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Plan for three-wheeled car clears House amid concern

Plan for three-wheeled car clears House amid concern

Dustin Hurst
February 13, 2015
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February 13, 2015

A plan that would allow three-wheeled cars to hit Idaho’s roads, highways and interstates cleared the Idaho House Friday, but not without some opposition.

Rep. Joe Palmer, R-Meridian, pitched the bill, originally brought by Elio, maker of a super-efficient three-wheeled car. Though the car isn’t yet in production, Palmer told colleagues, the company wants to clear regulations before trying to sell its product.

In Idaho, that means a new classification of vehicle, dubbed an autocycle. Vehicles in this classification must operate like a car, with a steering wheel and brake pedals, among other features. If the bill clears the Senate and wins approval from Gov. Butch Otter, three-wheeled cars will pay motorcycle registration fees.

“It’s basically like a skinny car,” Palmer said of Elio’s brainchild. “It will drive like a car.”

Palmer’s district counterpart, Rep. Jason Monks, a Republican, voted against the bill, though he didn’t object in testimony on the floor.

Afterward, he told IdahoReporter.com he believes the bill’s language will likely restrict other three-wheeled cars from entering the Idaho market.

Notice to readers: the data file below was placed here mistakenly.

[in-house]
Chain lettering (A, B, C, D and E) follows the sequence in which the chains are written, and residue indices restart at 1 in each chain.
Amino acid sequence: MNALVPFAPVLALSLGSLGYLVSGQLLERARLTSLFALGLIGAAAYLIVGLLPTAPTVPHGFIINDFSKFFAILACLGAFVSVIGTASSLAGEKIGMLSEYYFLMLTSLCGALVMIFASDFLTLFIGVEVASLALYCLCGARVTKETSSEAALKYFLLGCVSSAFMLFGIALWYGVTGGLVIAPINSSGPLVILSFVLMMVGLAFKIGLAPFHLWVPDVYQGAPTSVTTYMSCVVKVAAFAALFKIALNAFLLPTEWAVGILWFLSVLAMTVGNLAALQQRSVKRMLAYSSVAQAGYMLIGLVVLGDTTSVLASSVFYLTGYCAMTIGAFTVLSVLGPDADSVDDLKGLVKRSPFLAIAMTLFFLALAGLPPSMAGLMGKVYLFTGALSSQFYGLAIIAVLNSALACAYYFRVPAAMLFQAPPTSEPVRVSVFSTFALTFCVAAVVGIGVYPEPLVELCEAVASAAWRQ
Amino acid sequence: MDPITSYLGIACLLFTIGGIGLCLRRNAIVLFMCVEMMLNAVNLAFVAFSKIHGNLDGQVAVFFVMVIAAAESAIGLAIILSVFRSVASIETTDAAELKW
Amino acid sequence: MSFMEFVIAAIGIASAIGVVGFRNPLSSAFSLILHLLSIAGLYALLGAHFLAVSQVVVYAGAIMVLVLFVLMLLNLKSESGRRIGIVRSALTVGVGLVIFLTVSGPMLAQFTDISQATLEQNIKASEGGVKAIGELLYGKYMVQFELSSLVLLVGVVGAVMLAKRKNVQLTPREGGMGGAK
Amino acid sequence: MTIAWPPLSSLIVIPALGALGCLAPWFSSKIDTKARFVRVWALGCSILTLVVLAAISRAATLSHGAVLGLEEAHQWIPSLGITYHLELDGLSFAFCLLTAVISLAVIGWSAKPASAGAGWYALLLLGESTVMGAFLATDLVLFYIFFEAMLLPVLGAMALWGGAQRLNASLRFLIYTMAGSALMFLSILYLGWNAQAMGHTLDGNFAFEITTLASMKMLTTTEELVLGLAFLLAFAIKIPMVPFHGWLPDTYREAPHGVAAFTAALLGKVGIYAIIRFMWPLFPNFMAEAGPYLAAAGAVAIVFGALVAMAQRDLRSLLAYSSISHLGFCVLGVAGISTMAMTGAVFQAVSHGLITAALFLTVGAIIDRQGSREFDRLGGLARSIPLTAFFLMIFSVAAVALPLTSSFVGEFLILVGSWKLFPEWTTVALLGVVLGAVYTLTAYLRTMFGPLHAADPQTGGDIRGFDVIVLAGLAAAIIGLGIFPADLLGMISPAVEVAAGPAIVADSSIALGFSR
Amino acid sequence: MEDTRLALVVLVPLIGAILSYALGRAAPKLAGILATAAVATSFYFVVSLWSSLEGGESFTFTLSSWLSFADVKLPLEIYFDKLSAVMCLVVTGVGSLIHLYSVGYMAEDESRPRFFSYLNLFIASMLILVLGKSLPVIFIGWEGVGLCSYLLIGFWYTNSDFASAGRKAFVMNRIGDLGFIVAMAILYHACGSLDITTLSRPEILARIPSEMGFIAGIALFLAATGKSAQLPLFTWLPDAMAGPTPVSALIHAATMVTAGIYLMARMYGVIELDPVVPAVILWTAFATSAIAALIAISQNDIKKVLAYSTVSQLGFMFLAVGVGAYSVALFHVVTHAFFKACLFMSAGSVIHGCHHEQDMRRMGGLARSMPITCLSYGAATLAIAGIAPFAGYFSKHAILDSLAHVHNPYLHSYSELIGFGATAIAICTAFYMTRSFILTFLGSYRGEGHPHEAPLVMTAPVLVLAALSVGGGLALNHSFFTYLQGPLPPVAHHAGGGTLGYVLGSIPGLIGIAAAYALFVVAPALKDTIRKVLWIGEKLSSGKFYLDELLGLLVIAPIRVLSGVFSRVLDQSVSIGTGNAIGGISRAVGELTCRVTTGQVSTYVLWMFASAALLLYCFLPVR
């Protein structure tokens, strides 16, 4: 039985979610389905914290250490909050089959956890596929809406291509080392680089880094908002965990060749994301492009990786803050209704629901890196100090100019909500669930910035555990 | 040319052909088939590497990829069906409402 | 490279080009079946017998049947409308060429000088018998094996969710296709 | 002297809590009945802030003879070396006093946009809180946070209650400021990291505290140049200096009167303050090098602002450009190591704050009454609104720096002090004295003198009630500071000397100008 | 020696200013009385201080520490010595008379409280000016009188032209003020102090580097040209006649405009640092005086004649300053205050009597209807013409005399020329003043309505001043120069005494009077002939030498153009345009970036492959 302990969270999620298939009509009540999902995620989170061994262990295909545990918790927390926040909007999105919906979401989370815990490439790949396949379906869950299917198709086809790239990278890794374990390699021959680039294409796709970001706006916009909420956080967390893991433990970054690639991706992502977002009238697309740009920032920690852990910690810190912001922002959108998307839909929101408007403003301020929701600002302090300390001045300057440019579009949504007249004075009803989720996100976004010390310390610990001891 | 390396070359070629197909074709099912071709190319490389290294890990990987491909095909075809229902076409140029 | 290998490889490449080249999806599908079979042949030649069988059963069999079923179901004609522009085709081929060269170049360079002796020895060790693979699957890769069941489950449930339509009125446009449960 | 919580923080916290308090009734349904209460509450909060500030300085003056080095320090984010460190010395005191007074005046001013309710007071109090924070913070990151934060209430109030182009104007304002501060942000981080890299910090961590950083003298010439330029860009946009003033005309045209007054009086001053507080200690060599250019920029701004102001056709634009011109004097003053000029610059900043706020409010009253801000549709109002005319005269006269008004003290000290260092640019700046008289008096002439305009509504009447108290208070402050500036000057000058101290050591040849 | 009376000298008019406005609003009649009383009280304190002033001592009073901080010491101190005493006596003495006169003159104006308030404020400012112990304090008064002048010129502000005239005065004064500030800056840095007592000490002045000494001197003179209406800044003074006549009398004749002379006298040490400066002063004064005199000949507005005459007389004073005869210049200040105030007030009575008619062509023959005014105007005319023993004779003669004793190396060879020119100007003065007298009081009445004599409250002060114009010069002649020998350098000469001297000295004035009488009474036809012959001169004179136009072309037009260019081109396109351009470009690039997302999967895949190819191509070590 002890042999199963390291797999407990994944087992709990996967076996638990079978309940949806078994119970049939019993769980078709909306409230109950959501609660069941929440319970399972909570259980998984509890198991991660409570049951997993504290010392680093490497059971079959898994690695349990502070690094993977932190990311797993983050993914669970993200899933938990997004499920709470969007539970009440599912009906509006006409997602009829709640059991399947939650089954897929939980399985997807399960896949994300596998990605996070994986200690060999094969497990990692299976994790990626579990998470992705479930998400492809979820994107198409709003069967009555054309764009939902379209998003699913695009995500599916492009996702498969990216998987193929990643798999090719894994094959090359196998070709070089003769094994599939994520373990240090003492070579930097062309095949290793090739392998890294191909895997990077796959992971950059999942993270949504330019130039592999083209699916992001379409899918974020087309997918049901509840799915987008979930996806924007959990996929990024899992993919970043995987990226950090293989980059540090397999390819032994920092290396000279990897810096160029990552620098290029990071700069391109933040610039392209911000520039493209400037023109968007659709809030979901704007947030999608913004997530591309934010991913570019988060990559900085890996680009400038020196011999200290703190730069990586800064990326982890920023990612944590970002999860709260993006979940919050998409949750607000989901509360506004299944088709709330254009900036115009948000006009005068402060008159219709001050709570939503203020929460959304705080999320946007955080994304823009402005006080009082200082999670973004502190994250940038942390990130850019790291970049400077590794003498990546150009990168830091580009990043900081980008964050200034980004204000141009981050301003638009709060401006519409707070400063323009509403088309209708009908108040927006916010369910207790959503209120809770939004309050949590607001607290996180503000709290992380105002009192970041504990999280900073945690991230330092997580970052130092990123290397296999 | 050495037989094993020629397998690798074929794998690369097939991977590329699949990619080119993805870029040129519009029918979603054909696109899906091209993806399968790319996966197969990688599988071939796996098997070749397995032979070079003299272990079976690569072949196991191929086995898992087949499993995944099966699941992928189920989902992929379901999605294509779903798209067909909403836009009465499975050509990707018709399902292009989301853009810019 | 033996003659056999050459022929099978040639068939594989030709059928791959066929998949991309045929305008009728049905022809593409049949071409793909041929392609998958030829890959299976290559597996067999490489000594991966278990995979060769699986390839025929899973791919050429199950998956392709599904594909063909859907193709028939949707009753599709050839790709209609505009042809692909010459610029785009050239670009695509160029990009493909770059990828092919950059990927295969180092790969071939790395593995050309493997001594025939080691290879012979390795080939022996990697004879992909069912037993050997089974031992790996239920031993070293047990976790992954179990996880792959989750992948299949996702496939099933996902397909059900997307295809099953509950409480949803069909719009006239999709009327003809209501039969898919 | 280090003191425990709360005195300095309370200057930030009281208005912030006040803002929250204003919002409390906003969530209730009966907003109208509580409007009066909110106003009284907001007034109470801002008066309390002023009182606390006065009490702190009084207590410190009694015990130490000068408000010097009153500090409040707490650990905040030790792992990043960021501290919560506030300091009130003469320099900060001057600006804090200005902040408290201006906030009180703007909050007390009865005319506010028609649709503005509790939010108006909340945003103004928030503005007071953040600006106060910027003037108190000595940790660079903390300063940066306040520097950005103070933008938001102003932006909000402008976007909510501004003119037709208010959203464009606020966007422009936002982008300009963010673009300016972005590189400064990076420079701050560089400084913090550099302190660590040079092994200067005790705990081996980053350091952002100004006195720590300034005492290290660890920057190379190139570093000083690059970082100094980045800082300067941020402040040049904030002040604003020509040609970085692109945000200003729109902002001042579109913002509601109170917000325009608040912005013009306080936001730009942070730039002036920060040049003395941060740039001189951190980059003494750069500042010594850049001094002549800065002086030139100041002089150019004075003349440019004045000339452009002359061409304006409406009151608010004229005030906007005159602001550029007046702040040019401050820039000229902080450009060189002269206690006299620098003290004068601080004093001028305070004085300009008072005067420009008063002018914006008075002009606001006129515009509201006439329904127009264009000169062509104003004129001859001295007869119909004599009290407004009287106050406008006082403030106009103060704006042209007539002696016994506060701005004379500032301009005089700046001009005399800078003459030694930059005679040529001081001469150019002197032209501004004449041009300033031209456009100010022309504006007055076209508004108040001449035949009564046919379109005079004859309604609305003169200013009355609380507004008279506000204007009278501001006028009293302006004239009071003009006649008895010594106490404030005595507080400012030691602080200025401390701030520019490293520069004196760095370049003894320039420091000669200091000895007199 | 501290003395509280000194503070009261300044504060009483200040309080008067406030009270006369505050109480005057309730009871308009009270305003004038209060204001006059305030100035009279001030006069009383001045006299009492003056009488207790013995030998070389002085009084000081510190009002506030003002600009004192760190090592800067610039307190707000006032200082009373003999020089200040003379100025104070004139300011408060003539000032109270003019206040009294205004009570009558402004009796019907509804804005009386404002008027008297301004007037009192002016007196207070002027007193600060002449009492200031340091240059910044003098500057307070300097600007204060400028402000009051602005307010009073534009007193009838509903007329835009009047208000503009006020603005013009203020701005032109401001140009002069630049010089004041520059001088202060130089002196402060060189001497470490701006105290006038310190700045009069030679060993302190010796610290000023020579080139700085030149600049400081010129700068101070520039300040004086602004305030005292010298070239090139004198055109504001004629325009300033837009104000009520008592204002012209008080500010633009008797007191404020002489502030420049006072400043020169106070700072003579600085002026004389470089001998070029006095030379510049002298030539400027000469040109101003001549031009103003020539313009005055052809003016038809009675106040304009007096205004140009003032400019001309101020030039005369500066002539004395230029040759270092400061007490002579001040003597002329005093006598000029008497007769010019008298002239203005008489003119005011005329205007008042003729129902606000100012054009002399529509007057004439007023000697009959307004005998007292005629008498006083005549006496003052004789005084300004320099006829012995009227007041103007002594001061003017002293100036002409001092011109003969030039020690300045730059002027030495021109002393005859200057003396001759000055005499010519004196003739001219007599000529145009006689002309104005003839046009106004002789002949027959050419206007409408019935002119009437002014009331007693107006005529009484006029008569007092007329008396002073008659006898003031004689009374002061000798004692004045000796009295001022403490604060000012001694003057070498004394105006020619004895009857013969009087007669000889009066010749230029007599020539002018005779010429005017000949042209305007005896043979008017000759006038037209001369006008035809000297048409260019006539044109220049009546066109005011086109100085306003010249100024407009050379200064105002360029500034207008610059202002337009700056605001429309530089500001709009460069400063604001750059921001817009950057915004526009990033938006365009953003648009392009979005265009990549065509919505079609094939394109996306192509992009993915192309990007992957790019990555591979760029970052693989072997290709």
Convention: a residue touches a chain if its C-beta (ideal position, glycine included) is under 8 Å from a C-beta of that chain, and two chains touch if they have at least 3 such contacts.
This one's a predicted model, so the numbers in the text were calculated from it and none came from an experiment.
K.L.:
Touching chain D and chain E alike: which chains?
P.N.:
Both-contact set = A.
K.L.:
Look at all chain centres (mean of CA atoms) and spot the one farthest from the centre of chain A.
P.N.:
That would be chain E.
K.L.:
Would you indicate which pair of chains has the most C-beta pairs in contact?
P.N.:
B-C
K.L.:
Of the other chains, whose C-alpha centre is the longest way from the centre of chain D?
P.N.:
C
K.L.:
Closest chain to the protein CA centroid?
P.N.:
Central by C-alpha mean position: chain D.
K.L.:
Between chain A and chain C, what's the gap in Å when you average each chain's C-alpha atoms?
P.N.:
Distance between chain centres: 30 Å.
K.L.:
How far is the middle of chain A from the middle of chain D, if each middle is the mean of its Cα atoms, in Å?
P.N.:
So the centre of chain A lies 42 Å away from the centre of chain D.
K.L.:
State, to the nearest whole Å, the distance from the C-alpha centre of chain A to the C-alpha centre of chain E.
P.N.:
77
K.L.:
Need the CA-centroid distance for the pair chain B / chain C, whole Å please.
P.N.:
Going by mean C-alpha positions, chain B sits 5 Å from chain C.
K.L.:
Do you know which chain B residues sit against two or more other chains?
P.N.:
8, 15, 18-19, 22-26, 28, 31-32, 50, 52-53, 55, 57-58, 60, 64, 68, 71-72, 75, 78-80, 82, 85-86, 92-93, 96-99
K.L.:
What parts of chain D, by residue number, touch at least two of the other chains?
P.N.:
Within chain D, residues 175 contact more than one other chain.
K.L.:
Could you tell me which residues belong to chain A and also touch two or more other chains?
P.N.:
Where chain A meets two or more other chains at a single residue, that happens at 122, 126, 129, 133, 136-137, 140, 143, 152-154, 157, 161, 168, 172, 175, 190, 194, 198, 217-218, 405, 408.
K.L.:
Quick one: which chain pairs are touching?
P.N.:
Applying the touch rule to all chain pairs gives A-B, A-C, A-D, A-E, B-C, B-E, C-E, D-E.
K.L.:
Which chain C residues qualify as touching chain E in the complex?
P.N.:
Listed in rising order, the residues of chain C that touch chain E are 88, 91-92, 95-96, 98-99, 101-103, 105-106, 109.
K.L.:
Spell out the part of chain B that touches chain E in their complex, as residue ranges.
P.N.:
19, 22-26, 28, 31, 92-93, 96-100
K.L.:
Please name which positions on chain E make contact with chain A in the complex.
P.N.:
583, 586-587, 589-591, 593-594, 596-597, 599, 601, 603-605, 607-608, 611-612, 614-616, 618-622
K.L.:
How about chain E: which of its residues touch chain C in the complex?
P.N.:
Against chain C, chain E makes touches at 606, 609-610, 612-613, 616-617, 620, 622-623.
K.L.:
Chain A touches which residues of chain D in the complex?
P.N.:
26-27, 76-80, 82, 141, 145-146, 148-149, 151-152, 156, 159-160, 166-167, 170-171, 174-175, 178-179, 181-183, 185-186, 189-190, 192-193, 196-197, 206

“We tailored it too much,” Monks said.

In his floor testimony, Palmer said the narrow regulations make sense and no other three-wheeled vehicles come close enough to the rules.

For its part, Elio is comfortable removing some of the narrowest language. Elio’s car features tandem seating -- the passenger sits behind the driver. Palmer’s bill requires that seating arrangement, though other brands in that market feature side-by-side models.

Joel Sheltrown, the government affairs manager for Elio, told IdahoReporter.com earlier this week he wouldn’t mind if lawmakers stripped the seating language out of the measure. He did oppose, though, removing requirements for airbags and crash cages.

The Legislature’s only auto dealer, Rep. Kathy Sims, R-Coeur d’Alene, opposed Palmer’s bill. She did declare a possible conflict of interest, as is normal procedure in that scenario. She didn’t say why she opposed the measure.

The bill now heads to the Senate.


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